Let’s leave Hong Kong for a post to visit Singapore. A peek at this manhua was already presented in an earlier post: The Condor Trilogy in Manhua: Fighting.
Singapore’s most commercially successful manhua artist by far is Wee Tian Beng. He was the first Sigaporean manhua artist to achieve success in the Hong Kong and Taiwan markets. Wee Tian Beng is best known for The Celestial Zone and its sequels, but before Wee Tian Beng made The Celestial Zone, he adapted Shēn Diāo Xiá Lǚ, using ‘Return of the Condor Heroes’ as the official English title. In 1997 this adaptation won the “Asian Manga Prestigious Award” at the Asian Manga Summit held in Seoul, South Korea.
Compared to Hong Kong manhua, Wee Tian Beng’s drawings look simple and cartoonish. I admit that at first that turned me off. However, as I read more and more, it dawned on me that the artwork is quite rich. Sure, the artwork does not have the intricate line-work characteristic of Hong Kong wuxia manhua … but there is such variety in the way Wee Tian Beng draws the story.
For example, there are many sequences showing a series of graceful motions by the characters. Indeed, I think Return of the Condor Heroes has the most graceful movement of all of the Condor Trilogy manhua – Hong Kong manhua tends to have characters move in a more BLAM! manner.
There are many panels which play with light and shadow, particularly shadow.
And of all of the Condor Trilogy manhua, Return of the Condor Heroes is the most cinematic. Often there will be a series of panels, or even pages, without dialogue or fancy composition—just simple still shots.
Speaking of cinema, Return of the Condor Heroes is the manhua which puts the most emphasis on natural scenery. Like westerns in the United States, wuxia movies and TV shows sometimes put a lot of emphasis on beautiful scenery. Something about human nature must make people enjoy watching fighters beat the living daylights out of each other in gorgeous settings. Heck, I first became interested in wuxia because it features people beating the living daylights out of each other while wearing beautiful clothes—I only came to appreciate other aspects (the story, for example) later.
NOTE: While all other manhua adaptations of the Condor Trilogy are read from right-to-left, Return of the Condor Heroes is read from left-to-right.
All of the Condor Trilogy manhua show some of the naturally beautiful settings. Even The Heaven Sword and Dragon Sabre occasionally has a nice page or two showing the lovely scenery. But Wee Tian Beng’s Return of the Condor Heroes not only has many panels of lofty mountains, verdant forests, and scenic rivers, it also shows quite a bit of the wildlife too. While Tony Wong’s The Eagle Shooting Heroes is the adaptation to look to if you want luxurious palaces, Wee Tian Beng’s Return of the Condor Heroes is definitely the scenic route.
Wee Tian Beng’s drawings also renders the characters in a more subtle manner than Tony Wong and Ma Wing-shing. For example, I really like the way that Wee Tian Beng draws Guo Xiang.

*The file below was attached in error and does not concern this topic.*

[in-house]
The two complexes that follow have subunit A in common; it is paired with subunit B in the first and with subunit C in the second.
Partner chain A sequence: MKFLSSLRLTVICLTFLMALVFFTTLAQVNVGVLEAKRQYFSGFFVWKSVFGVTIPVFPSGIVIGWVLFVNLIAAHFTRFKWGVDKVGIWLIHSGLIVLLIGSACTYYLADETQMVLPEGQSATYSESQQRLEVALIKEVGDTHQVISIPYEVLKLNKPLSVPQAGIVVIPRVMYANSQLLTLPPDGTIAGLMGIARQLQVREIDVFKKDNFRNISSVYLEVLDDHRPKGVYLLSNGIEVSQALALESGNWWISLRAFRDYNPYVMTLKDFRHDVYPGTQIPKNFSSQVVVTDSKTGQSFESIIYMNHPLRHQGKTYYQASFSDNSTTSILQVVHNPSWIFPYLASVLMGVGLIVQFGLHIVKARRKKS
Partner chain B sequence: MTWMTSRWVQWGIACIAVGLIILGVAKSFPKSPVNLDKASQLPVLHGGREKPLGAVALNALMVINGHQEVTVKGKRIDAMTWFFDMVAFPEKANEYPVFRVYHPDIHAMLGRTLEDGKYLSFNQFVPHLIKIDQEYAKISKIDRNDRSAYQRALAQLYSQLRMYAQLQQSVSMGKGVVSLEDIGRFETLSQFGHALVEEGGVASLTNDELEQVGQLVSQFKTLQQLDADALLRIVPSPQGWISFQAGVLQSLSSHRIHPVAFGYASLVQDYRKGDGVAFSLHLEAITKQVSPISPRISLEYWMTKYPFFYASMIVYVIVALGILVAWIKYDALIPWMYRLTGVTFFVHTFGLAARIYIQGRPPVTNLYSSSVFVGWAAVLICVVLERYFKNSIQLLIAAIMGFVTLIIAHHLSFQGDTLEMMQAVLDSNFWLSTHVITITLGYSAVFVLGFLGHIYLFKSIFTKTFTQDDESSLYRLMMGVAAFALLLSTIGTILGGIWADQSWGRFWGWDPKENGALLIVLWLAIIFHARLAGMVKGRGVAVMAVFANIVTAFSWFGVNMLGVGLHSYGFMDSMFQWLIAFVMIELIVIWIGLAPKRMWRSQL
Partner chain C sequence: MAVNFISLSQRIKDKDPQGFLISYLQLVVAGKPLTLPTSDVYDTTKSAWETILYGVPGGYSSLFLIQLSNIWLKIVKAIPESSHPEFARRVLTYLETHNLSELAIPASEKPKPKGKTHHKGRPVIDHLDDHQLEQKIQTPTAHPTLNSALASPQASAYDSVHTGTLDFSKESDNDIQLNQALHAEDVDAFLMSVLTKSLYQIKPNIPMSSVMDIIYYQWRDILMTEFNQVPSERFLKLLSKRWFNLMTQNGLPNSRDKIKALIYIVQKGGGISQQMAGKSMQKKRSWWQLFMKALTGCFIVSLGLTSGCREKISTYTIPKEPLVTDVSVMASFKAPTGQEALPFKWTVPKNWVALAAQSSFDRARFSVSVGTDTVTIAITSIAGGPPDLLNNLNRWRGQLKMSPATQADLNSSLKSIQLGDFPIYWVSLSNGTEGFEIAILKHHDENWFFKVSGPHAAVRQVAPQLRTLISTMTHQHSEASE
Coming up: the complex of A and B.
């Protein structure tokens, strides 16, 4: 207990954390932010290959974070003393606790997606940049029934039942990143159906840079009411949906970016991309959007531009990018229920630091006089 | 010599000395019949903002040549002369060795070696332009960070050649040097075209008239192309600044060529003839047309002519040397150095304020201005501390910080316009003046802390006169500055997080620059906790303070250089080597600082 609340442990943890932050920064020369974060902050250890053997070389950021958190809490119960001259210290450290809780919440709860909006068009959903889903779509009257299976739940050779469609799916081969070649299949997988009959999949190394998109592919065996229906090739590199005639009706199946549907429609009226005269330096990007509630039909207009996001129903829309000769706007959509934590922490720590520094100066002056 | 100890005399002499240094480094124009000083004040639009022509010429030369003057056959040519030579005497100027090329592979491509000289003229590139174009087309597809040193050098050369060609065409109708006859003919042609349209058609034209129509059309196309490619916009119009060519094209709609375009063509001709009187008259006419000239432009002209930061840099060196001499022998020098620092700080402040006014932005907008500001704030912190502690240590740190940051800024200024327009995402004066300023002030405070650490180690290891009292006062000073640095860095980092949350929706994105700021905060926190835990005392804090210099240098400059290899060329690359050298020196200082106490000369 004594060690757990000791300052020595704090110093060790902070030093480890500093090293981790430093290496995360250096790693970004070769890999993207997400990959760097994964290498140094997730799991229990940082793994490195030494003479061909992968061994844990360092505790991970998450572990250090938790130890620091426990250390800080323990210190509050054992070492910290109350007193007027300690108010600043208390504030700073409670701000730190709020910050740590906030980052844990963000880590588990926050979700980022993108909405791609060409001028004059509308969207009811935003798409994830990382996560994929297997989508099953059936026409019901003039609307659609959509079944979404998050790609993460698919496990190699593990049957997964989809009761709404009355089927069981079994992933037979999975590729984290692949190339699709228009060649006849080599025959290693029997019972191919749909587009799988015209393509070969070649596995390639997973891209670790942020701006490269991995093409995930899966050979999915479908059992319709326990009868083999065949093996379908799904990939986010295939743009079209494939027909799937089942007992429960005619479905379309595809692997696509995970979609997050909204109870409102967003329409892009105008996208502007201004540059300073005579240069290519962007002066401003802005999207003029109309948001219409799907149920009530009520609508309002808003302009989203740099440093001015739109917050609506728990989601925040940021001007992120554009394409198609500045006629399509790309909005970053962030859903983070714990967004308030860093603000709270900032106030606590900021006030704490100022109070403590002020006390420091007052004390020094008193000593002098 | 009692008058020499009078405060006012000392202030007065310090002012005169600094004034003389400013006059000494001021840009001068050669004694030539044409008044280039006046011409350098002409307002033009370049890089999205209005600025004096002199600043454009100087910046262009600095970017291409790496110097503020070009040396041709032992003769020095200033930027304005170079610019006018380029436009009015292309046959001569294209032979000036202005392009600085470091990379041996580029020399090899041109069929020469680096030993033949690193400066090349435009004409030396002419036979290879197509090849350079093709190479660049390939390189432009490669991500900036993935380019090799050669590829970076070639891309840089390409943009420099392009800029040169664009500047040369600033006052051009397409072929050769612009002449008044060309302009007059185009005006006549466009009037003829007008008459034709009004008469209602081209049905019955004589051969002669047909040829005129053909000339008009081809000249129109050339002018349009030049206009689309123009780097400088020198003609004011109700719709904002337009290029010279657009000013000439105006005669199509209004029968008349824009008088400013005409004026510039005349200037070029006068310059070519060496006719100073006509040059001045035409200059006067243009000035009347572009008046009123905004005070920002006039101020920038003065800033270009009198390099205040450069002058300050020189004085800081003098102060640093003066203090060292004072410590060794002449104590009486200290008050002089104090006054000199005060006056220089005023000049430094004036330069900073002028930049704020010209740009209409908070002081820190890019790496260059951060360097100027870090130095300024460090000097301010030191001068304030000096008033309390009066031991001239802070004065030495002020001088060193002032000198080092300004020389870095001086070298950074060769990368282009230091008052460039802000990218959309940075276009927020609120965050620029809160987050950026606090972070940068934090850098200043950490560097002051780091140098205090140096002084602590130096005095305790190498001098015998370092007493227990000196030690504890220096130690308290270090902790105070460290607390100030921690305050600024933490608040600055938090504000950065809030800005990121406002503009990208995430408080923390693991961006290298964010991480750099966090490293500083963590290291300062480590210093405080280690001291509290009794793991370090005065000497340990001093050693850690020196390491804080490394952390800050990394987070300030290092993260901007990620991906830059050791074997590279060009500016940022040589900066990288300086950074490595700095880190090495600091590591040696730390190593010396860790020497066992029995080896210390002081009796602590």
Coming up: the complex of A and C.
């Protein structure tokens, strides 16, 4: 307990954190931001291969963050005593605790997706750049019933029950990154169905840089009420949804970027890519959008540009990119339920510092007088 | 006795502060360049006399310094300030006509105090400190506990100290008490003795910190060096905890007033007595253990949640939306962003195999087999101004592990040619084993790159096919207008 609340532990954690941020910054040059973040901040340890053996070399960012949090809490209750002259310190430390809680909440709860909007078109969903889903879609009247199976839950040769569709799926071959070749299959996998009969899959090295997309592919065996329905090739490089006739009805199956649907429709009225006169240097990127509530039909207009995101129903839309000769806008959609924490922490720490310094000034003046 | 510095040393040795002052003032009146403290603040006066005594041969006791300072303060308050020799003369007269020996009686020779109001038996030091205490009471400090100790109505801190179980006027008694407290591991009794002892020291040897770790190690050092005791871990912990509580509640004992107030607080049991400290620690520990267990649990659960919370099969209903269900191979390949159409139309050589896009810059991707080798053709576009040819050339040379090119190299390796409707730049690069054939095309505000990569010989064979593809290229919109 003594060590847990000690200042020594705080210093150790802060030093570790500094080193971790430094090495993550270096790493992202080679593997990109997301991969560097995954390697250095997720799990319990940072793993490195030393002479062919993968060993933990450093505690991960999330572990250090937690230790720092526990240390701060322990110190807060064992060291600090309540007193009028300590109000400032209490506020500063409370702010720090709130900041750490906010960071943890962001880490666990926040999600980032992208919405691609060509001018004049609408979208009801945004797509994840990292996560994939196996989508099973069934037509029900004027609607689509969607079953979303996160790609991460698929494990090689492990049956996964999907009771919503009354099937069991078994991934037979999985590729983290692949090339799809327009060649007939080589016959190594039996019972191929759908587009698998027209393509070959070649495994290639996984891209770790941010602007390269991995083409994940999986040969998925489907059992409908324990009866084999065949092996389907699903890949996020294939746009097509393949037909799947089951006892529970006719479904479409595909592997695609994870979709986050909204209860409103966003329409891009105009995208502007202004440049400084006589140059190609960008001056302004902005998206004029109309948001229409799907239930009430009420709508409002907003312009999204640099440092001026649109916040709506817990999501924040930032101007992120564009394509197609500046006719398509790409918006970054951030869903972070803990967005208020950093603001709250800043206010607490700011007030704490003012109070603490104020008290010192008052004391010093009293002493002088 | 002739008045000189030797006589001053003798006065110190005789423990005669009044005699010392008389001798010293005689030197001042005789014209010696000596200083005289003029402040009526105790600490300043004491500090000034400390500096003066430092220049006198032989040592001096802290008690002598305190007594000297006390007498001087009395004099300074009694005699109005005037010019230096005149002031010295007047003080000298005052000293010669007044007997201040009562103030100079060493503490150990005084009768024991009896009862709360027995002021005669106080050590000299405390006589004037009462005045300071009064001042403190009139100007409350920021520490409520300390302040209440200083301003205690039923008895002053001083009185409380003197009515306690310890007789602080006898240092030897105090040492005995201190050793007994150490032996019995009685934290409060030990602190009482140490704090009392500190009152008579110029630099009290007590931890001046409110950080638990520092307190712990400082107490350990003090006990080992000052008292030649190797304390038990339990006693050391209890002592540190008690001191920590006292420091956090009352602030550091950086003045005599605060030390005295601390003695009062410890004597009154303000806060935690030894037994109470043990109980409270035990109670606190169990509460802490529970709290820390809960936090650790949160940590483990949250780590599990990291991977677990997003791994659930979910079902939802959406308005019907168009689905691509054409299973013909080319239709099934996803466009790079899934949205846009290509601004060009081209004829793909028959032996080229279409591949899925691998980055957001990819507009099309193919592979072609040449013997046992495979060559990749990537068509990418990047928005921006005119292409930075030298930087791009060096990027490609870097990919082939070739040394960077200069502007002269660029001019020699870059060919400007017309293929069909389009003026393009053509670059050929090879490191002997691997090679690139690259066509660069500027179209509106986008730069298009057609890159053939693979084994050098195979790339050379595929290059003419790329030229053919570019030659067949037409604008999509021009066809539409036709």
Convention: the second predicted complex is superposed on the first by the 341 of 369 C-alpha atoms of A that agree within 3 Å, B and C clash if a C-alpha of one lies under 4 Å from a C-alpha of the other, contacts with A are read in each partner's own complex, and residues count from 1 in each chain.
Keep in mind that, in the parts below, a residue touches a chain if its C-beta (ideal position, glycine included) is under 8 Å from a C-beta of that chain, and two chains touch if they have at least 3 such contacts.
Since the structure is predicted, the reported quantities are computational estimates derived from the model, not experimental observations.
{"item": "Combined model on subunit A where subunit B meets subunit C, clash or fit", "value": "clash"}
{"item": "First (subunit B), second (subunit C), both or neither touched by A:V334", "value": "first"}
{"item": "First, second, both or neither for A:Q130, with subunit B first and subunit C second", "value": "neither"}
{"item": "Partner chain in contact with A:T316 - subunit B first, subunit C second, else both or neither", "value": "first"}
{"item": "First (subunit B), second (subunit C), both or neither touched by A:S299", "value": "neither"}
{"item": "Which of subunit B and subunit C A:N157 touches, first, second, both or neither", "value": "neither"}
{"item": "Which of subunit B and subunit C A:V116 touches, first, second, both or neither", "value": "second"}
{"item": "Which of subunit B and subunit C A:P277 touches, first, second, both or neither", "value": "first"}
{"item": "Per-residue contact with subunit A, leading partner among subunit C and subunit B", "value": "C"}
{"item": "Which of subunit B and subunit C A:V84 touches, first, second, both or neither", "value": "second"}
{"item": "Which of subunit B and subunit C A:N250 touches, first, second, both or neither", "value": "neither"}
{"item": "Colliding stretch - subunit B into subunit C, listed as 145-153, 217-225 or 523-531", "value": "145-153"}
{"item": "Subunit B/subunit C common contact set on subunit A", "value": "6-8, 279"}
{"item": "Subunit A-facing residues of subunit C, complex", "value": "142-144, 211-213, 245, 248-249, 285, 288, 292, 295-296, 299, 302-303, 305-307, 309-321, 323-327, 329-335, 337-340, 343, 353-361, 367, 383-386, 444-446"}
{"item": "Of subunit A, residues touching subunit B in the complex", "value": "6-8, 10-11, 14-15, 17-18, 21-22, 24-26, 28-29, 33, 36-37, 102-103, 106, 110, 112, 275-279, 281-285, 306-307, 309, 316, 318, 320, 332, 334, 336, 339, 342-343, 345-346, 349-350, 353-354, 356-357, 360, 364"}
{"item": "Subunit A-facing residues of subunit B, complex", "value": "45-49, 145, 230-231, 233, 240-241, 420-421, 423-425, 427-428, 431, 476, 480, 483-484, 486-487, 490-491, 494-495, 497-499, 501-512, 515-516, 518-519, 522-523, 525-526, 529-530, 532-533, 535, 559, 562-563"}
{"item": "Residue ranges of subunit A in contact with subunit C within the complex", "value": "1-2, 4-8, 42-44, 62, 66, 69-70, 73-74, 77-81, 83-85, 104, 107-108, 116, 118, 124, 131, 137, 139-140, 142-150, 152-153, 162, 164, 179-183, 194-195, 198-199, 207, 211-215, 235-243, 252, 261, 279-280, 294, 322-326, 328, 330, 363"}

His drawings capture how she is curious, clever, mischievous, and naïve at the same time—in other words, how she is just like many other teenage girls.
While at first I did not care for the way he draws Xiaolongnü, his depiction of her grew on me.
Wee Tian Beng conveys how cold Xiaolongnü is while offering glimpses of the feelings she has deep down. That’s hard to pull off, and something that I do not think Tony Wong really succeeded at. While I haven’t seen any of the TV/film adaptations of the Condor Trilogy, I think that Xiaolongnü would be the most challenging role for an actor to play in the entire trilogy.
So, in spite of a bad first impression, the art definitely won me over.
Wee Tian Beng botched the depiction of Yang Guo’s childhood. He shows Yang Guo as a mischievous young boy—fair enough, Yang Guo is a mischievous boy. Yang Guo’s childish exploits are shown in a humorous light—fair enough, some of them are humorous. Wee Tian Beng also shows some of the bullying … but … but the bullying is also shown in a humorous light, which is definitely not how it reads in the original novel. Wee Tian Beng also fails to show the true extent of the bullying. And no where in the manhua is it shown, or even said, that Yang Guo was wandering around China, homeless, without any relatives or friends, surviving by any means necessary … when he was just eleven years old. Plotwise, is that detail important? No, not really. Is that detail important for Yang Guo’s character development. Oh hell yes it is.
The reader needs to feel Yang Guo’s pain to have the fullest experience of the story. As Todd Brown succinctly put it in his review of the 1983 TV series, Yang Guo “has been repeatedly abandoned and abused by the adults in his life, leaving him both desperate for approval and deeply distrustful.” While I do not enjoy reading about Yang Guo being bullied, abused, and neglected, it is a necessary foundation for everything that is done with Yang Guo’s character later. I love reading about teenage Yang Guo kicking everybody’s ass because I know how much he suffered as a boy. Without that suffering …. I care a lot less about Yang Guo.
Furthermore, Wee Tian Beng also messed up the scene which made me fall in love with Shēn Diāo Xiá Lǚ. Specifically, the first fight with Li Mochou in the Tomb of Living Death. I cannot get into details without spoilers, so let’s just say that I love the scene because it feels like it was ripped straight from a fairy tale, spiked with the kind of melodrama found in classic shoujo manga. First of all, Wee Tian Beng completely takes out the buildup to the fight. That is not horrible, but it does make things seem rather sudden. But—and this is what really bothers me—he also took the most dramatic, fairy-talish moment out. That just killed the scene for me.